The waiting game is over. It's time to be able to prove your organisation is compliant!Read More
When there is a personal data breach, the Morrisons Supermarket case has set the precedent (subject to appeal) that the employer, Morrisons, is vicariously liable for the actions of the employee.
This makes sense.
The obligations of the controller are to ensure that risks to data subjects whose personal data they process have been assessed and appropriate safeguarding measures have been put in place. So, if an employee, for example, accesses personal data they are unauthorised to access, then the employer is liable for not putting in place adequate measures.
In the Manchester case (see "Read More" link at end of article), the employee has themselves become a controller, and taken it upon themselves to access personal data they were not entitled to access. This breach of confidentiality under GDPR could attract a fine of up to 4% of the employee's turnover, which, assuming a salary of, say, £15,000, would equate to £600 OR up to €20,000,000, whichever is greater. With a £300 fine, £364 costs and £30 victim surcharge, the employee appears to have got off lightly (but that was pre-GDPR, of course).
Despite this case being brought by the ICO in a Magistrates Court, the victim might also seek damages in the County Court, both against the employee and the employer (potentially for vicarious liabiliities).
So what do employers have to do to avoid the charge of vicarious liability or other such claims for damages in such a case?
In this case, Stockport Homes quotes an employee code of conduct that presumably all employees are obliged to follow as part of their employment contract. But is that enough? To start with, it appears that the personal data was available for the employee, and therefore the employer is liable for their failure to ensure adequate identity and access management protocols werre in place. So, no, an employee code of conduct is not enough.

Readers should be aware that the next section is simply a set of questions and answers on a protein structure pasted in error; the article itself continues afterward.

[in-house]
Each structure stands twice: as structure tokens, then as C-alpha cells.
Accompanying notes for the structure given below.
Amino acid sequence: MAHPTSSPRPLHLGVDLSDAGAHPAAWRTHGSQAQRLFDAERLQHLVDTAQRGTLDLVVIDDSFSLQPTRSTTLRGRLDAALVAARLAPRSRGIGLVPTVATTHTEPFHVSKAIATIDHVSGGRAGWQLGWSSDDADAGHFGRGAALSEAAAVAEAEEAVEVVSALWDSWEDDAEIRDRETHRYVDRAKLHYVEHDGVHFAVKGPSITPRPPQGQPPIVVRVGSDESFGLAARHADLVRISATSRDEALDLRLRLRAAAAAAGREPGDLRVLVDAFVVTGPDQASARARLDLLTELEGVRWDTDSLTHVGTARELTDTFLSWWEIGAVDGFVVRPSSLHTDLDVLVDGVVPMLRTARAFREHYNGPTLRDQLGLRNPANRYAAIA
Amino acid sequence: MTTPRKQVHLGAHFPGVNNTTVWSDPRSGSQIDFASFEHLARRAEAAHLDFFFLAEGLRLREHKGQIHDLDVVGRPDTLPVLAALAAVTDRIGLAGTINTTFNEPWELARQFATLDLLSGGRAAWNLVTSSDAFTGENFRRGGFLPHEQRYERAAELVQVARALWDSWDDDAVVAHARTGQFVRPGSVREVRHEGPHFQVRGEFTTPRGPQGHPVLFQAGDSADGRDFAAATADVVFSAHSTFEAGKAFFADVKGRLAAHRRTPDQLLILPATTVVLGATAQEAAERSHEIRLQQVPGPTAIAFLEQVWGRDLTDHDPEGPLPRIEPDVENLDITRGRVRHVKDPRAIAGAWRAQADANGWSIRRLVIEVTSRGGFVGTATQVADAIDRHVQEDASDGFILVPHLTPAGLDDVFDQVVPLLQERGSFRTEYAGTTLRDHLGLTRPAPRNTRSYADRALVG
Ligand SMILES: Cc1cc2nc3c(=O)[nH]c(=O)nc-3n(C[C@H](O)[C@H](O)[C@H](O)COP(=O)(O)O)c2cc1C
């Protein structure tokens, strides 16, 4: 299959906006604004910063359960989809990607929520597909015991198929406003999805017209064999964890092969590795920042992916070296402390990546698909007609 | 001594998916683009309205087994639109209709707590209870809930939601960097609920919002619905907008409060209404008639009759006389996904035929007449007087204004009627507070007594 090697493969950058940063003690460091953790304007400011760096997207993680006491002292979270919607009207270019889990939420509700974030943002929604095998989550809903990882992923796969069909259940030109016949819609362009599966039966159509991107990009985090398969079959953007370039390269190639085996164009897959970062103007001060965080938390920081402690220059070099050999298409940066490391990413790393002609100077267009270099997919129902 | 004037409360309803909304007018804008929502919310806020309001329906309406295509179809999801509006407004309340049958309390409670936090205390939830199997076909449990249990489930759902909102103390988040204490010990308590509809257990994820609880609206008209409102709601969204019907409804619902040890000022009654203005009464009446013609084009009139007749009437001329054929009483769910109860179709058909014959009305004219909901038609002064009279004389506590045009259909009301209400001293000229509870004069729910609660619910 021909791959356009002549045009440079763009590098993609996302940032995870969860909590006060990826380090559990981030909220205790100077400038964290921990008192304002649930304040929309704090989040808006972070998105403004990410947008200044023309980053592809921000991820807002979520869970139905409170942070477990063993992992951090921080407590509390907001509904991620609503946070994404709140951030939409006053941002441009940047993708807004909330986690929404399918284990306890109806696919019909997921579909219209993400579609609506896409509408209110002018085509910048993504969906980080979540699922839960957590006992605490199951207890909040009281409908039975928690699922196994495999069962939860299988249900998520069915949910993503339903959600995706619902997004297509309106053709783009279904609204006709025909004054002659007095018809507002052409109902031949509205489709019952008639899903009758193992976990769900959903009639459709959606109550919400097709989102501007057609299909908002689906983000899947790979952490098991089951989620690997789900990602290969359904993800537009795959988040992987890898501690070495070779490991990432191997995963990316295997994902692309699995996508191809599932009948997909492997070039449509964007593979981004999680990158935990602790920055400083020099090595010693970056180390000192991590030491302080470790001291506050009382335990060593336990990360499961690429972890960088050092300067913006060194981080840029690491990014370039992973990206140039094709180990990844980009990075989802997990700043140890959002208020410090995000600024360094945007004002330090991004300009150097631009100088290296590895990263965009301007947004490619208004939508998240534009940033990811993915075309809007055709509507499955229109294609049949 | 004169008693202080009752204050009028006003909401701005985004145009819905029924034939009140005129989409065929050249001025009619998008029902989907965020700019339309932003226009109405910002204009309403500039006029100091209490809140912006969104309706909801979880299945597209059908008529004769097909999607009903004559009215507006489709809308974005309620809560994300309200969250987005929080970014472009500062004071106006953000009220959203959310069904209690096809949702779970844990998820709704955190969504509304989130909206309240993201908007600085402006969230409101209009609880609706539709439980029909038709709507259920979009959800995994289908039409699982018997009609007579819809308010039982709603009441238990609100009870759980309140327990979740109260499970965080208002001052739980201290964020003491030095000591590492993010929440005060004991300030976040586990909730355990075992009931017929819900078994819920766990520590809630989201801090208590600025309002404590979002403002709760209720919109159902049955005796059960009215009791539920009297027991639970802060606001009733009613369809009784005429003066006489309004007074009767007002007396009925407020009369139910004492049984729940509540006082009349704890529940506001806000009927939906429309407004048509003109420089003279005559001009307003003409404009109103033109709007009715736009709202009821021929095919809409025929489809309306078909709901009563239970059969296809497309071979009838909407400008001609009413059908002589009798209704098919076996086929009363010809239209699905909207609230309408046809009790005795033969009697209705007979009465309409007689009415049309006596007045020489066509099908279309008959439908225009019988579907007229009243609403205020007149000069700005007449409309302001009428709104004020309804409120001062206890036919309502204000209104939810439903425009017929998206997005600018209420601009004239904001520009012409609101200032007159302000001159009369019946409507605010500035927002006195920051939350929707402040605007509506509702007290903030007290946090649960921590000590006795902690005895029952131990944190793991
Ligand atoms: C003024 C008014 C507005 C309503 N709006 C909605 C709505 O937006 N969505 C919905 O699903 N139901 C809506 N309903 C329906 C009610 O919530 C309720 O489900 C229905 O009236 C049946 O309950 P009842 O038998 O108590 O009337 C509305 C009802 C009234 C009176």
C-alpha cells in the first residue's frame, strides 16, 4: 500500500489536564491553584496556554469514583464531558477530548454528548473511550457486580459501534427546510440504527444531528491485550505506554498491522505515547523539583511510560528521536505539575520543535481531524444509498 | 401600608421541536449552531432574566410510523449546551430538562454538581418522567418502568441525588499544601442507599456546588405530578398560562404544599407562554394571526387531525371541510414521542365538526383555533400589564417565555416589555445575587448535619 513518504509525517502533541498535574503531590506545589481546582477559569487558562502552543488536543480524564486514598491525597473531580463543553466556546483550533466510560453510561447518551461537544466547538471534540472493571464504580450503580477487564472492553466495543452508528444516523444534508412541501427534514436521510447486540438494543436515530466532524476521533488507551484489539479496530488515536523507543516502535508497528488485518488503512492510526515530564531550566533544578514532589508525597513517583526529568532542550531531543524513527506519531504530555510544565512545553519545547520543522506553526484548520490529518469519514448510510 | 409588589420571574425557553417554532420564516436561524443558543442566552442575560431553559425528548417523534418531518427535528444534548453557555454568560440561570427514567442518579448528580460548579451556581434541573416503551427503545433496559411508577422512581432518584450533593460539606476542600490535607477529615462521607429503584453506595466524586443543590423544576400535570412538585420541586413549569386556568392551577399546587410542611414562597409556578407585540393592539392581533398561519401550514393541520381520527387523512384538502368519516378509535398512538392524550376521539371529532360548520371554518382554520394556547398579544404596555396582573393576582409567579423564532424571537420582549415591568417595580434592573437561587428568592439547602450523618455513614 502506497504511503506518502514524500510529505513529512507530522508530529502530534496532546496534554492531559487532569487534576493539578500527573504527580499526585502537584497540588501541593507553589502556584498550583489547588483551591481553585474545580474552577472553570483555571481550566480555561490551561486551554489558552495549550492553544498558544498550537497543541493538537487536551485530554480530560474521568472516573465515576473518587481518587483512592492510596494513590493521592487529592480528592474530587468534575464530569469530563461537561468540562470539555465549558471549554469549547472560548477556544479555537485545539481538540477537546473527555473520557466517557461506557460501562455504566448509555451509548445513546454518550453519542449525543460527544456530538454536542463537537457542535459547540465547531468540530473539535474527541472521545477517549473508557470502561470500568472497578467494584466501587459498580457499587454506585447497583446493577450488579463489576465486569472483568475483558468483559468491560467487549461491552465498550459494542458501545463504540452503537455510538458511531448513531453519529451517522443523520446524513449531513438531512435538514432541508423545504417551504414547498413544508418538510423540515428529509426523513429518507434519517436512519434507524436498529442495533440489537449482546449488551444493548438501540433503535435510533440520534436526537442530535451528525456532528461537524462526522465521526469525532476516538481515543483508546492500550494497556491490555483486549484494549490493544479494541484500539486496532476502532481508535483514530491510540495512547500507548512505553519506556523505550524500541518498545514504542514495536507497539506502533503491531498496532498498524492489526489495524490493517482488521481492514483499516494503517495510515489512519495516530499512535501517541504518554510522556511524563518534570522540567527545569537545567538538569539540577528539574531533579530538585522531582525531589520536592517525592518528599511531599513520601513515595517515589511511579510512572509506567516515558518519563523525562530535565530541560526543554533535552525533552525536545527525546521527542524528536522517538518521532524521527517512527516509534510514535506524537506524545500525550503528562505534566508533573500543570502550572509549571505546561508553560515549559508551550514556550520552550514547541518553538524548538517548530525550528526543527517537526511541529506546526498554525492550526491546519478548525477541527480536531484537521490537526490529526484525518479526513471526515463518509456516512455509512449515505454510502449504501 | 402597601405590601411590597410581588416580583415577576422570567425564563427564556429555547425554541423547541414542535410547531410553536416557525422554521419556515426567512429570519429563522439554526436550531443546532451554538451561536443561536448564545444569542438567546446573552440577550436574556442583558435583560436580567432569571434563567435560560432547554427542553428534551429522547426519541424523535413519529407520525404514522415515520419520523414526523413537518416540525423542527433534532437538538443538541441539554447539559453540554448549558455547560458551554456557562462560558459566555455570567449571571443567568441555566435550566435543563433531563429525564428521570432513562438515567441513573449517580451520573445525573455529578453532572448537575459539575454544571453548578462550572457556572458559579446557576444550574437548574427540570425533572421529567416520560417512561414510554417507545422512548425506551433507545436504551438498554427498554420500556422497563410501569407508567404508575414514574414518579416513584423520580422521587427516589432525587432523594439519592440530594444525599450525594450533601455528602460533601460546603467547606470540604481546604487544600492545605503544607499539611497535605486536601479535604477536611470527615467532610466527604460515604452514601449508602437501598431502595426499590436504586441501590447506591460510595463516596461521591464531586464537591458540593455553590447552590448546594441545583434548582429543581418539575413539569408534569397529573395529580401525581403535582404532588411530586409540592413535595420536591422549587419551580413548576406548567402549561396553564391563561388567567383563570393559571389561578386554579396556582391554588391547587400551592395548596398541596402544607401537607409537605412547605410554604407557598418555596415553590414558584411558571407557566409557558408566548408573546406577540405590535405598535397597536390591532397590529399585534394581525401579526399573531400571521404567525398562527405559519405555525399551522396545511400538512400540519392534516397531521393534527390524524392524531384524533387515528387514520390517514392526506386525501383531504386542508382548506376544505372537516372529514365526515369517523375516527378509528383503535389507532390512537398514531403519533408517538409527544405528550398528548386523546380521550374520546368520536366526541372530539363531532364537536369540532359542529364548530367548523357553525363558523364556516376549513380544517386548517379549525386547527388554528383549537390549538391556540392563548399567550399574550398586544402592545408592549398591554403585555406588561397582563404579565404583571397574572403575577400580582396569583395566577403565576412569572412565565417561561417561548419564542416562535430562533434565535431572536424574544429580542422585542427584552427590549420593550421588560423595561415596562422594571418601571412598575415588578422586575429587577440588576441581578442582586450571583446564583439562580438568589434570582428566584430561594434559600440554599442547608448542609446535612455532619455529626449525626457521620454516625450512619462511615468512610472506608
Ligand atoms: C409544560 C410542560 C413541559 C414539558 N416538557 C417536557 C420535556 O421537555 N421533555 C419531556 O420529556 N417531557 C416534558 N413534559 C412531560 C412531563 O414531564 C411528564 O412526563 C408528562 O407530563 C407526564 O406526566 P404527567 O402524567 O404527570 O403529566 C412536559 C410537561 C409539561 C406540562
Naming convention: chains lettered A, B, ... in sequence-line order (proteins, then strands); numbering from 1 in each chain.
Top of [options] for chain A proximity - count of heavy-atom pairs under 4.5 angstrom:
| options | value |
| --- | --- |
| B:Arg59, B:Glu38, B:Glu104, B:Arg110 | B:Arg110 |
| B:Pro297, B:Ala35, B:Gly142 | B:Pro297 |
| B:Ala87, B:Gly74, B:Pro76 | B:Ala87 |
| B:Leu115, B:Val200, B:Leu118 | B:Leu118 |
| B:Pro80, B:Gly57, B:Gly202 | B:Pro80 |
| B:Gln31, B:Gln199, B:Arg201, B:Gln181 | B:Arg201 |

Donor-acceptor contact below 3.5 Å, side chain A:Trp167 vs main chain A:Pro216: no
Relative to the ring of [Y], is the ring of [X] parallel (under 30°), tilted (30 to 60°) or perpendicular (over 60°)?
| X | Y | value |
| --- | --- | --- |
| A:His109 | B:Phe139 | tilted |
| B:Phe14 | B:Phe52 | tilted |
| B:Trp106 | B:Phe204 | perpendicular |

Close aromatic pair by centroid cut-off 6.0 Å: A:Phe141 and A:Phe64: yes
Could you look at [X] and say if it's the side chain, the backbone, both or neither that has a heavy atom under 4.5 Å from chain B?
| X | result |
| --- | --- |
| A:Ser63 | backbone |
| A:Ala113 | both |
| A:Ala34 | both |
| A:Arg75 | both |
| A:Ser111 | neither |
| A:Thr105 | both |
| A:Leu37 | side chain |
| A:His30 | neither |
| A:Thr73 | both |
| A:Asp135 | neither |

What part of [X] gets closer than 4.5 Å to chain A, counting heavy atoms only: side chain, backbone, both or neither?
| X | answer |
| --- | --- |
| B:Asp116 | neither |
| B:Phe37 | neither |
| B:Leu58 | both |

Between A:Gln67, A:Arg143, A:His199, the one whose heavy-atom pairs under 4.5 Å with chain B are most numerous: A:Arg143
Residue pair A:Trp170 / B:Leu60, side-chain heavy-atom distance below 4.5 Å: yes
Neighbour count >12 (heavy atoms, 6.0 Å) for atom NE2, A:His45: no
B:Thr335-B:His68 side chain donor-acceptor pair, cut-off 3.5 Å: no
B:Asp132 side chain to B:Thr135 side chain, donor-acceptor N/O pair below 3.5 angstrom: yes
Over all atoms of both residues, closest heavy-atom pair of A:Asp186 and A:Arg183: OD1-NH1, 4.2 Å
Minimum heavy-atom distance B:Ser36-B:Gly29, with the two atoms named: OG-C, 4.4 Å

Organisations like CybSafe provide excellent training as well to ensure that employers are not subject to the 'human factor'. This might be another measure Stockport Homes could have put in place. The list is endless.
#StockportHomes #PersonalDataBreach #ConfidentialityBreach #ICO #fine #StockportMagistratesCourt #DataProtection #Privacy #priviness #privinews #GDPR #training #CodeOfConductRead More
The New York Times article in the "read me" is written by journalists who, like so many organisations, do not get what data protection is all about.
"Companies are free today to monitor Americans' behaviour and collect information about them from across the web and the real world to do everything from sell them cars to influence their votes to set their life insurance rates," writes the Editorial Board. "Although Americans cannot legally avail themselves of specific rights under GDPR, the fact that the biggest global tech companies are complying everywhere with the new European rules means that the technocrats in Brussels are doing more for Americans' digital privacy rights that their own Congress."
The bit about Brussels doing more than Congress is true. The rest is wayward.
Americans absolutely can avail themselves legally of specific rights under GDPR. Professor David Carroll, a US citizen, has taken up the opportunity to do exactly that when he discovered SCL Elections were processing his personal data in the EU and he complained to the UK watch dog.
It is laughable to also suggest it is a fact that the biggest global tech companies are complying everywhere with GDPR. It is more accurate to hint that these organisations are relying on a defensible position that (a) few individuals understand the legislation well enough to know what to complain about; (b) those individuals are unlikely to know what evidence to present to make their case; and (c) the individuals will need deep pockets and resilience to fight a battle being defended by an army of lawyers using delaying tactics to keep their corporate client out of the docks.
The problem with articles like this is they spread the wrong myths.